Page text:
1st bill out of new GOP-majority House would cut $71 billion from IRS, cost $114 billion

Kevin McCarthy
Kevin McCarthy Tom Williams/CQ-Roll Call, Inc via Getty Images

House Republicans passed their first bill of the 118th Congress on Monday night, voting along party lines to cut $71 billion from the IRS. The legislation will not be taken up by the Democratic-controlled Senate, and President Biden said Monday he would veto the cuts if they somehow arrived at his desk. Before the vote, the Congressional Budget Office said the legislation would increase the federal deficit by $114 billion over the next 10 years.

Democrats approved $80 million in IRS funding in the Inflation Reduction Act last year. The IRS says the money will be used to hire 87,000 new employees over the next 10 years, upgrade the agency's antiquated technology, and beef up enforcement of tax laws on taxpayers earning more than $400,000 a year. Many of the 87,000 new IRS workers will be in customer service, to answer taxpayer questions, the Biden administration says, and others would replace the 50,0000 IRS agents expected to quit or retire in the coming years.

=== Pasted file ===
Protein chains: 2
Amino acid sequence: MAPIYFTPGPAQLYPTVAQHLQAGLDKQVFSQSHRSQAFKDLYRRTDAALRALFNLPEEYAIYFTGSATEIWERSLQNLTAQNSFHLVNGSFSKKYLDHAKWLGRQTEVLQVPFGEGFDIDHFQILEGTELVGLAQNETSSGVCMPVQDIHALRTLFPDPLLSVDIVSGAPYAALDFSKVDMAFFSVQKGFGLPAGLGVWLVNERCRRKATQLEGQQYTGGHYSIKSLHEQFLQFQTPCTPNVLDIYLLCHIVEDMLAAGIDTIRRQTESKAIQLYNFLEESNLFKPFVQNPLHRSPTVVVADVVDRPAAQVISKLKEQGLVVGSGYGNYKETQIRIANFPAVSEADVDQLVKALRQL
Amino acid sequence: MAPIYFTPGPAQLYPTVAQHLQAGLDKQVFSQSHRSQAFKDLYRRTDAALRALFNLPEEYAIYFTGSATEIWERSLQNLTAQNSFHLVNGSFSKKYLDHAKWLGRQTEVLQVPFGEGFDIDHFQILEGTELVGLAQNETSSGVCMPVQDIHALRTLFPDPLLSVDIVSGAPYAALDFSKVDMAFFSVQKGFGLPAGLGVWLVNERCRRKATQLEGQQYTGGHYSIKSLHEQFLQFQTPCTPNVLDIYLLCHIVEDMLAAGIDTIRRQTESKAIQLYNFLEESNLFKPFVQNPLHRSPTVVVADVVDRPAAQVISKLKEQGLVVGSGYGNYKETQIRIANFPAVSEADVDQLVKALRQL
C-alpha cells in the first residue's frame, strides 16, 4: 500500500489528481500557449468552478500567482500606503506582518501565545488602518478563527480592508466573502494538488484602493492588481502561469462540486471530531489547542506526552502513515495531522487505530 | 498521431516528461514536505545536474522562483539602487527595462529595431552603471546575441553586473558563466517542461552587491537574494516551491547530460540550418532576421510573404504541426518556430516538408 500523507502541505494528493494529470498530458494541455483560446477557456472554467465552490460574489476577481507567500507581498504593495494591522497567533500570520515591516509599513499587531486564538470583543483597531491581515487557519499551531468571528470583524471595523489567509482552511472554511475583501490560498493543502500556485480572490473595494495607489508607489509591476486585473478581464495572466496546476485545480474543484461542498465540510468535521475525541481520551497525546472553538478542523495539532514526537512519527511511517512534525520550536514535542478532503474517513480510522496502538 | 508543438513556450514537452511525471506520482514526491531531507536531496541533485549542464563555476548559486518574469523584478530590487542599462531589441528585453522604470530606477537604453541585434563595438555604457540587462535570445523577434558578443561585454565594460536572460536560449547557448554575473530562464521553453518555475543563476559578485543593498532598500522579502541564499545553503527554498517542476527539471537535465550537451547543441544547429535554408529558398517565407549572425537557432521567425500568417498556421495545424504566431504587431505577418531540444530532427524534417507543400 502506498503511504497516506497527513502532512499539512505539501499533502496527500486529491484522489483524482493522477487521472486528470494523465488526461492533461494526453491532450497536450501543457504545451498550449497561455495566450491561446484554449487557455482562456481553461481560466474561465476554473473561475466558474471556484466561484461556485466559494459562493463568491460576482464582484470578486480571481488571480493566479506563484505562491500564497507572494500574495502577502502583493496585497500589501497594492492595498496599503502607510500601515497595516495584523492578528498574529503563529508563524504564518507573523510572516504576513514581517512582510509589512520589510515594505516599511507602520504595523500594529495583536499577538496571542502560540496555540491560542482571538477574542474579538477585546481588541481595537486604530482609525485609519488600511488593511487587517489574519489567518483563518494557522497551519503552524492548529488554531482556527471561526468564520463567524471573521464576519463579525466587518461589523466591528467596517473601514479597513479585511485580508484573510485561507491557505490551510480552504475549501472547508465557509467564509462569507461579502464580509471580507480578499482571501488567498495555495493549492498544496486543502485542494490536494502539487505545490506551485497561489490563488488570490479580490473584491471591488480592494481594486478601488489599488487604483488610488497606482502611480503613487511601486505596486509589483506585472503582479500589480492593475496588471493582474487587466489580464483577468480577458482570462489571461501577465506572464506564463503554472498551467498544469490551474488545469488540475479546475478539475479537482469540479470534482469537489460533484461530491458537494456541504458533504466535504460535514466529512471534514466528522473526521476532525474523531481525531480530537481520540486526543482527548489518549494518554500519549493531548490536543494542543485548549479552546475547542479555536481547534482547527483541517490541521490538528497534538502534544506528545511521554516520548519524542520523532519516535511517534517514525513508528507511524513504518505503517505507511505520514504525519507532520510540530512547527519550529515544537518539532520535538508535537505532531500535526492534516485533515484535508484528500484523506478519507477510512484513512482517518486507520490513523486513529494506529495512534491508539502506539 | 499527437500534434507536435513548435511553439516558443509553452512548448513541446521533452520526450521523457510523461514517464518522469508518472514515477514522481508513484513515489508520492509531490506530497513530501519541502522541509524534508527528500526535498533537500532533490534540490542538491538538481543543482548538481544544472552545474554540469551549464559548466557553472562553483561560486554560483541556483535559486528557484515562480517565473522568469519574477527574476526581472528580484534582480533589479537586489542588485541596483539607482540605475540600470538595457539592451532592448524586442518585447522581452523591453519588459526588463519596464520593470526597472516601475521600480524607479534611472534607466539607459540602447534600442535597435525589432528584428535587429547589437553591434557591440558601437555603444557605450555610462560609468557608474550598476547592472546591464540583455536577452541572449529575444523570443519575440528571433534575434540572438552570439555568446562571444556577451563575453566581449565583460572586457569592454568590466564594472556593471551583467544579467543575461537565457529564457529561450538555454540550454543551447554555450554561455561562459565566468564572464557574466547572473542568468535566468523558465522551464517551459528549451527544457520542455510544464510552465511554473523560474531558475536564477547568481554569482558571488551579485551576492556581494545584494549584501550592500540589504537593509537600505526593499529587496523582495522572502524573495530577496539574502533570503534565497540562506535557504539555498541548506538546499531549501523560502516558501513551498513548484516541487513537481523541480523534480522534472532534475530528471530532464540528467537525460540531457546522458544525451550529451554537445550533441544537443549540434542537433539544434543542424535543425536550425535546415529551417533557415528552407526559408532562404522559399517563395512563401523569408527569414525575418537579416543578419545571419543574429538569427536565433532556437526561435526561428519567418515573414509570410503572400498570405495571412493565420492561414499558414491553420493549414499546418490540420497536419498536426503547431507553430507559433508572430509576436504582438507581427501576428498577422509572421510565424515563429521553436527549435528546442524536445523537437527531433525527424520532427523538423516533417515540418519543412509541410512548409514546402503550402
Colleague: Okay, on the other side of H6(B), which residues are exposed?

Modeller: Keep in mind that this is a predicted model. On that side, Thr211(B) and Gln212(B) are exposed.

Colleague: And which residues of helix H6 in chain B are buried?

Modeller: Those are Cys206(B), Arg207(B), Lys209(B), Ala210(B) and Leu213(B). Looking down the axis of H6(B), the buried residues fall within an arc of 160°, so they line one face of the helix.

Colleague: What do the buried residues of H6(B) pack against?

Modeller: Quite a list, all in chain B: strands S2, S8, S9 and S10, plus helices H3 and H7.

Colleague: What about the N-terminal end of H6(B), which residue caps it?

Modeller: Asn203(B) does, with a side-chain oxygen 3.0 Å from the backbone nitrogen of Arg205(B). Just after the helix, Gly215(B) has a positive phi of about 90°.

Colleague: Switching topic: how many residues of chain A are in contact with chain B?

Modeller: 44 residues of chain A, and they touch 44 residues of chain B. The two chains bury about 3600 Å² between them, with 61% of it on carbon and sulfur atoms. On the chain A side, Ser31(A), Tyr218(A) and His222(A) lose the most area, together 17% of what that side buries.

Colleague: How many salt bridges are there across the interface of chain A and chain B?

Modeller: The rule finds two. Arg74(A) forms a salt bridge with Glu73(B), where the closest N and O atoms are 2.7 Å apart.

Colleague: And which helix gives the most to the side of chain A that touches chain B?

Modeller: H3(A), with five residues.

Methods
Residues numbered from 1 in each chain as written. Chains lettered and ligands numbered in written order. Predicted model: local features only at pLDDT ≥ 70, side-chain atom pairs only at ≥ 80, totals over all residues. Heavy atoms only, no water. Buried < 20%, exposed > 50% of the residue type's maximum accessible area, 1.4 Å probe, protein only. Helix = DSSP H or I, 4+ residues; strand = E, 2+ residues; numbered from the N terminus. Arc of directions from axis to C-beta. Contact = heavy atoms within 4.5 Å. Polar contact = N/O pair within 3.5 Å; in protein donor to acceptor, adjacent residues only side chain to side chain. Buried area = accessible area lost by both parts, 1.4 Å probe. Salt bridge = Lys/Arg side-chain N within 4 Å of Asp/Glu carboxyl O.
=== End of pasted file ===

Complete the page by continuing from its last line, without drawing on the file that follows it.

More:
House Republicans promised to prioritize cutting those funds, arguing they will be used to harass middle class taxpayers and "create a 'shadow army' to shake down small businesses with assault rifles," The New York Times reports. "Our very first bill will repeal the funding for 87,000 new IRS agents," House Speaker Kevin McCarthy (R-Calif.) said Saturday morning, shortly after being elected speaker on the 15th ballot. "You see, we believe government should be to help you, not go after you."

Former IRS Commissioner Charles Rettig, a Republican appointed by former President Donald Trump, said last November that the new investments in his understaffed agency would make it "even less likely for honest taxpayers to hear from the IRS or receive an audit letter." Treasury Department spokeswoman Ashley Schapitl said Monday that "the IRS audits nearly 80 percent fewer millionaires than a decade ago," and the House bill "would deny the agency much-needed resources to hire top talent to go after the $163 billion in taxes avoided by the top 1 percent annually."

"The only way that House Republicans could make it any more obvious that they're doing a favor for wealthy tax cheats is by coming out and saying it in exactly those words," said Sen. Ron Wyden (D-Ore.), chairman of the Senate Finance Committee. "This bill is going nowhere in the Senate."

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